Throughout our excavations, there were some particularly interesting features, and a few of them would definitely benefit from further study. There was a semicircular ring of post molds in a test unit west of the reconstructed fort. Although no artifacts were associated with this feature, it’s appearance suggested that it could possibly represents the border of a Native American structure, probably prior to the Hanna’s Town occupation.  In our trench unit, there appeared to be a wagon rut, in what we hope was the remnant of a long searched for road. A few interesting artifacts were discovered near this feature, including what seemed to be a two tined fork. My favorite feature at the site was located within two adjacent units. A large pile of burnt rocks, showing visible heat induced cracks, reddening and spalls, were lying in what appeared to be two straight(ish) interconnected lines. It is still unclear what this feature is, in part because we found no artifacts in association with it.

In 2009 I completed my own first field school at Kincaid Mounds in Illinois. A few years later, while working as a field and lab technician, I would often muse over the things that I wished I could share, or advice I would give, to students who were planning on entering this field. Fast forward to me supervising this field school, and I am so glad that I had the opportunity to get to do just that. It was great sharing my experience with students new to field work. They say that teaching is sometimes the best way to learn. I definitely felt that together, we all became better archaeologists, and at the same time learned more about the history of a very interesting site in western Pennsylvania.


First Day vs. Last Day: Everyone gradually accepted that they would become walking dirt clods. (Photo credit: Dr. Bill Chadwick and Dr. Sarah Neusius)

IUP Anthropology Department


Sabbatical. SABBATICAL. Roll that word around in your mouth. SAB.BAT.ICAL. It is the umami word in the academic lexicon. ‘Tenure’ is nice. ‘Promotion’ is lovely. Who doesn’t appreciate job security or a raise? But ‘sabbatical’ is the word that warms the cockles of a true academic’s heart, all the way down to the sub-cockle region. Sabbatical is the brief moment every seven years* when IUP professors get to do the things that led them to become professors in the first place. I love teaching, but I became a professor to do archaeology and to do the archaeology I want (the major distinction between the academy and CRM). During sabbatical I will have the time to do that. This is the closest that professors come to returning to the wonderful time of being a grad student working on thesis/dissertation research – that fleeting instant when you only had one project to hold in your mind and few, if any, outside distractions.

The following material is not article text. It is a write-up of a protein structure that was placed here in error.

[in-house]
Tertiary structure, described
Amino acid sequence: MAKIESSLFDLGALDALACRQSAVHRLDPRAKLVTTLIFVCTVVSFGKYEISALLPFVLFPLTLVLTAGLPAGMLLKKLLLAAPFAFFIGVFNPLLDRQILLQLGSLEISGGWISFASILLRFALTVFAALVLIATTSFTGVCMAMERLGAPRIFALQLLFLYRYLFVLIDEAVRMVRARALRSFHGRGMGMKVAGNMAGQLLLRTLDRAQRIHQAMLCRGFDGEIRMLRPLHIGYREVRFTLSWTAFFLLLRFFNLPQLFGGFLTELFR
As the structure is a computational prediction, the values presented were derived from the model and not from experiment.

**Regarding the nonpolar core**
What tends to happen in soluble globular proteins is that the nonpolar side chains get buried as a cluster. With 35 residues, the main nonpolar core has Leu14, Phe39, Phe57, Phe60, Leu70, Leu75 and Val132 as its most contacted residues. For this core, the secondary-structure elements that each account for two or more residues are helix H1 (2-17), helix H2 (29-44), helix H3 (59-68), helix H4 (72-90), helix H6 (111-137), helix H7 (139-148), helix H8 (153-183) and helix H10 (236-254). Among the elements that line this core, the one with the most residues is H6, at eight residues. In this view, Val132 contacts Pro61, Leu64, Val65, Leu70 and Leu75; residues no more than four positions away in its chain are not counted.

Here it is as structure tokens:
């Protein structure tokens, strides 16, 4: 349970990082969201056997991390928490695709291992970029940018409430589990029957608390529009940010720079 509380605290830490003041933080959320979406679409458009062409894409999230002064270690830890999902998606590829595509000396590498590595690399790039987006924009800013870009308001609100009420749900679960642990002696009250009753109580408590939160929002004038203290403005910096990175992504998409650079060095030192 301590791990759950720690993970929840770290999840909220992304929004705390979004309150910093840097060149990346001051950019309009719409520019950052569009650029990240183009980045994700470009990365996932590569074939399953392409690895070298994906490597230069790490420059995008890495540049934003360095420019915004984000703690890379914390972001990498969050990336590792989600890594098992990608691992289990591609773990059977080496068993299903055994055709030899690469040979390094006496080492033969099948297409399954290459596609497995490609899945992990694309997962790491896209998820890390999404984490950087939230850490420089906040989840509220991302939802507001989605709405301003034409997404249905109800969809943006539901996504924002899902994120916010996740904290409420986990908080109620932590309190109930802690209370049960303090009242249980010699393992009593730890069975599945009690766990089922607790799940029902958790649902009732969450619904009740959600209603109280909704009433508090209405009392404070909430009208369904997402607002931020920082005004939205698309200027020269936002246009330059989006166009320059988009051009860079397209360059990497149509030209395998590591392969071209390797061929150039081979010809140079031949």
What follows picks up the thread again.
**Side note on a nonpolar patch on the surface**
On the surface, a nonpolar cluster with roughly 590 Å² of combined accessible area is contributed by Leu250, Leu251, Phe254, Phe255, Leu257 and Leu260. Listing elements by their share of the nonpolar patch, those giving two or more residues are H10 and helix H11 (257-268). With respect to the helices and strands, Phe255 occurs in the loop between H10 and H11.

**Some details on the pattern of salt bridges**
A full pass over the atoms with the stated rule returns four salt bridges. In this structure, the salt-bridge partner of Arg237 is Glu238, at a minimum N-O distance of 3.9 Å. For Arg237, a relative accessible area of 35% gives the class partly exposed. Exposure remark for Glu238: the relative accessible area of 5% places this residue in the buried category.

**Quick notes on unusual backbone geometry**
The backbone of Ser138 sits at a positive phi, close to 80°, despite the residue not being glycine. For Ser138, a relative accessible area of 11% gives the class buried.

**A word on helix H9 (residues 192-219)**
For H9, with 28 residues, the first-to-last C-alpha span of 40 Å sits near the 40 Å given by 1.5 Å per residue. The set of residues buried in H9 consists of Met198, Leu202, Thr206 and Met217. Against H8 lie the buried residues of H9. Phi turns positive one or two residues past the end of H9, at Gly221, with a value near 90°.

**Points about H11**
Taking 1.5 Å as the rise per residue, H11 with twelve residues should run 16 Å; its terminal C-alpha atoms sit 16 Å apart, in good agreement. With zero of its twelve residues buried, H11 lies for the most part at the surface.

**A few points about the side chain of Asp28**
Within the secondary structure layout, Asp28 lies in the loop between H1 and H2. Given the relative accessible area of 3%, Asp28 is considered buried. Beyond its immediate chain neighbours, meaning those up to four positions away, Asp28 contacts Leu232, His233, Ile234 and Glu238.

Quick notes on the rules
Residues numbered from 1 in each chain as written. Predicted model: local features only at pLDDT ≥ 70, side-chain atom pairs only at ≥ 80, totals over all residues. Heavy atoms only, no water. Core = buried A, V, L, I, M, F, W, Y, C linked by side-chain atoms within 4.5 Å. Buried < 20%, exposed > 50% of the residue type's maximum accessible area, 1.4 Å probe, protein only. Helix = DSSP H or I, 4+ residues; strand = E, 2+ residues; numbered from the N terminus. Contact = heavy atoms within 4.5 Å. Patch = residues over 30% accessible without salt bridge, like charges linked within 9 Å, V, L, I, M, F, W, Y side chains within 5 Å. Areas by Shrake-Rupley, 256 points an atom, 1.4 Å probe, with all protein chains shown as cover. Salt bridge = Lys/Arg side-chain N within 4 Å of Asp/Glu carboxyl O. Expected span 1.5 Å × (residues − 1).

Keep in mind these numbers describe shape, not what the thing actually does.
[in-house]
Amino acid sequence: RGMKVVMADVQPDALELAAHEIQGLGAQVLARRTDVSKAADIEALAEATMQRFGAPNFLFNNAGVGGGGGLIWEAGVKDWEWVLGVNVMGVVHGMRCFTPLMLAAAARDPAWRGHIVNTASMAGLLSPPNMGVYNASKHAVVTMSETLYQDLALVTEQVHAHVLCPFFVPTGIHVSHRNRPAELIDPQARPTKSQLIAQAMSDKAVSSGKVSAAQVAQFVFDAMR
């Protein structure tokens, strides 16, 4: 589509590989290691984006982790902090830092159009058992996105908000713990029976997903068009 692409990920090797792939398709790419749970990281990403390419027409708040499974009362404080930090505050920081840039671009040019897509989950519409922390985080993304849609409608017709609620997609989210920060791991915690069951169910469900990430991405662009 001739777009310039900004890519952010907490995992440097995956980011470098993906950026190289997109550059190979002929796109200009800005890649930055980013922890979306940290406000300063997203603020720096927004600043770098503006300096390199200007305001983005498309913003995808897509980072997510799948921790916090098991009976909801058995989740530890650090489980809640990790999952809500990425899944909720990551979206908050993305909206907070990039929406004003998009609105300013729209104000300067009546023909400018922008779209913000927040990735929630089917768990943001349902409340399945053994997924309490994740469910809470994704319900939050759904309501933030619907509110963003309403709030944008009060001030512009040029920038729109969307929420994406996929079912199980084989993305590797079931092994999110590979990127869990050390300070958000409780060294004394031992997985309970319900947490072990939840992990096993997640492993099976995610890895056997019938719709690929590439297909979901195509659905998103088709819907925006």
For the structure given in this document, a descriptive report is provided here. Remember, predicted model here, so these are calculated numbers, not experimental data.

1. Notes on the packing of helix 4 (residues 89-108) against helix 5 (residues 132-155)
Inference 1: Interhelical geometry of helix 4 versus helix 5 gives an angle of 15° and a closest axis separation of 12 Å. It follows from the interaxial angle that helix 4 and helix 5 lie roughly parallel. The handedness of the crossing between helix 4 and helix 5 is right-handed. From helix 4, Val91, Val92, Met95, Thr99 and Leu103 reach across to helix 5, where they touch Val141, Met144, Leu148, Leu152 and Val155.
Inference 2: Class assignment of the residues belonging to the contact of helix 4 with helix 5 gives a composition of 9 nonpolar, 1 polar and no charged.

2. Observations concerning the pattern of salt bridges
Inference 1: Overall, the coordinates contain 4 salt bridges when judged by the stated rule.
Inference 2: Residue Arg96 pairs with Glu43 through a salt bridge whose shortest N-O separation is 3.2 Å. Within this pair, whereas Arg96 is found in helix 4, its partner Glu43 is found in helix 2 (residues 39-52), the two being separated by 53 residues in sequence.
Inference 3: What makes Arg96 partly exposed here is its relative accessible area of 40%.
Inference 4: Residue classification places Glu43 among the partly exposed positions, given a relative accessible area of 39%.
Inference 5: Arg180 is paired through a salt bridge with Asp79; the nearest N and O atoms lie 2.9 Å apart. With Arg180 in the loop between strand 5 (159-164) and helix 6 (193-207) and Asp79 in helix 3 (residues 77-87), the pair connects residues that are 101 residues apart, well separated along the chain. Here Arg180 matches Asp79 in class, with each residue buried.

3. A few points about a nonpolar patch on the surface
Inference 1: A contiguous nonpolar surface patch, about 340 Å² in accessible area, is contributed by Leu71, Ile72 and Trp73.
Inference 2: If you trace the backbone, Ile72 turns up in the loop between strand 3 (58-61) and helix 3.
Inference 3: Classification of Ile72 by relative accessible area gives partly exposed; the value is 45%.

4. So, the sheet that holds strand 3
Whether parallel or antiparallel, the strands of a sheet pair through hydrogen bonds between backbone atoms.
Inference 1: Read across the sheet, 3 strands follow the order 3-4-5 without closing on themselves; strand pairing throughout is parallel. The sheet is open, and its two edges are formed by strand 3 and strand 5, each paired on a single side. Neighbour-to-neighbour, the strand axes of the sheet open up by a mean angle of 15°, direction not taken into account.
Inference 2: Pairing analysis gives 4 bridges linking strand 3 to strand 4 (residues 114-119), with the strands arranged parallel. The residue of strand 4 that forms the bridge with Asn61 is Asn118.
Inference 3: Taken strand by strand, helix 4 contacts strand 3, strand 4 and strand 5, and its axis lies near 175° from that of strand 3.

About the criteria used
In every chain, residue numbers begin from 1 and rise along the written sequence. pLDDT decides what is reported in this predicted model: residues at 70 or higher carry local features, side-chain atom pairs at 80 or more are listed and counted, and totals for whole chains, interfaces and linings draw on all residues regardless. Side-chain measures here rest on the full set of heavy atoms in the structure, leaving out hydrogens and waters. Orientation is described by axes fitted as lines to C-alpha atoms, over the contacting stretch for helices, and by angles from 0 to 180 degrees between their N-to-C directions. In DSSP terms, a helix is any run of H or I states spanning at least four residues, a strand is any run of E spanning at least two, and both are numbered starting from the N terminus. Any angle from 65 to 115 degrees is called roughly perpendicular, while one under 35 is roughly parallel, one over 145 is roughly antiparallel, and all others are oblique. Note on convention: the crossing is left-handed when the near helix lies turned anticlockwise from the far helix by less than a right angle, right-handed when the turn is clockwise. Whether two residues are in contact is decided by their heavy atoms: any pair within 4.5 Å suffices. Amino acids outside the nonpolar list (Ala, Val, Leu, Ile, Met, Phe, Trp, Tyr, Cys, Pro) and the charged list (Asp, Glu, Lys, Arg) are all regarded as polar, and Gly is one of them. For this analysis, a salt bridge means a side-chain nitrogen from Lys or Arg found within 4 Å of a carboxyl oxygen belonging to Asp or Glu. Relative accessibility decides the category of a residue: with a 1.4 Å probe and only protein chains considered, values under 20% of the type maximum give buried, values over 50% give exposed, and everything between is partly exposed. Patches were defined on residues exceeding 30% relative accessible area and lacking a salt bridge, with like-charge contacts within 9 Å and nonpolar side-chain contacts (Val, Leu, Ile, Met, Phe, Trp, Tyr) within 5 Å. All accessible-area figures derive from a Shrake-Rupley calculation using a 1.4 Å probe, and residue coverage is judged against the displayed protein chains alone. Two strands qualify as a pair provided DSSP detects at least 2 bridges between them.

I’m pretty freaking excited about sabbatical.

The list of things I want to get done during my sabbatical is extensive, and I will not complete all of them. That is the nature of archaeology – there are so many important heritage resources and so little time. The two main projects that I want to advance are a maritime archaeology textbook and the Hanna’s Town project.

Jessi Halligan (Florida State University), Alexis Catsambis (Navy History and Heritage Command), and I have been contracted by Oxford University Press to write a maritime archaeology textbook aimed at undergraduates and introductory graduate students. We are still working on a catchy title. Over sabbatical, I will spend several days a week hiding in the library and writing sections of this book. As with any good textbook, the writing will take less time that the research to ensure that the book is based on the most up-to-date information.

I will be traveling to Greensburg on a regular basis to work on the Hanna’s Town project. IUP has been working at Hanna’s Town (the first capital of Westmoreland County) since 2011 and after thousands of student hours excavating the site and (more importantly) analyzing the artifact collection we are approaching the point where we can posit interesting and useful conclusions about the site. To that end I need to spend some quality time with the database we have created, and with the primary documents stored at the Westmoreland Historical Society. By the end of my sabbatical I hope to have the tools and background knowledge to begin producing articles about the site and to begin feeding new information to the site interpreters so that they can pass it along to the public.

It’ll be a busy sabbatical, but I hope to return refreshed and not as cranky.

*A note to future academics: Sabbaticals are not a given. At least at IUP, there are a result of a competitive process where the quality of your proposed scholarship is weighted against other factors to determine who is awarded a sabbatical. Faculty are eligible to apply every seven years.


…but the blog will still be here. Check back next semester for weekly posts.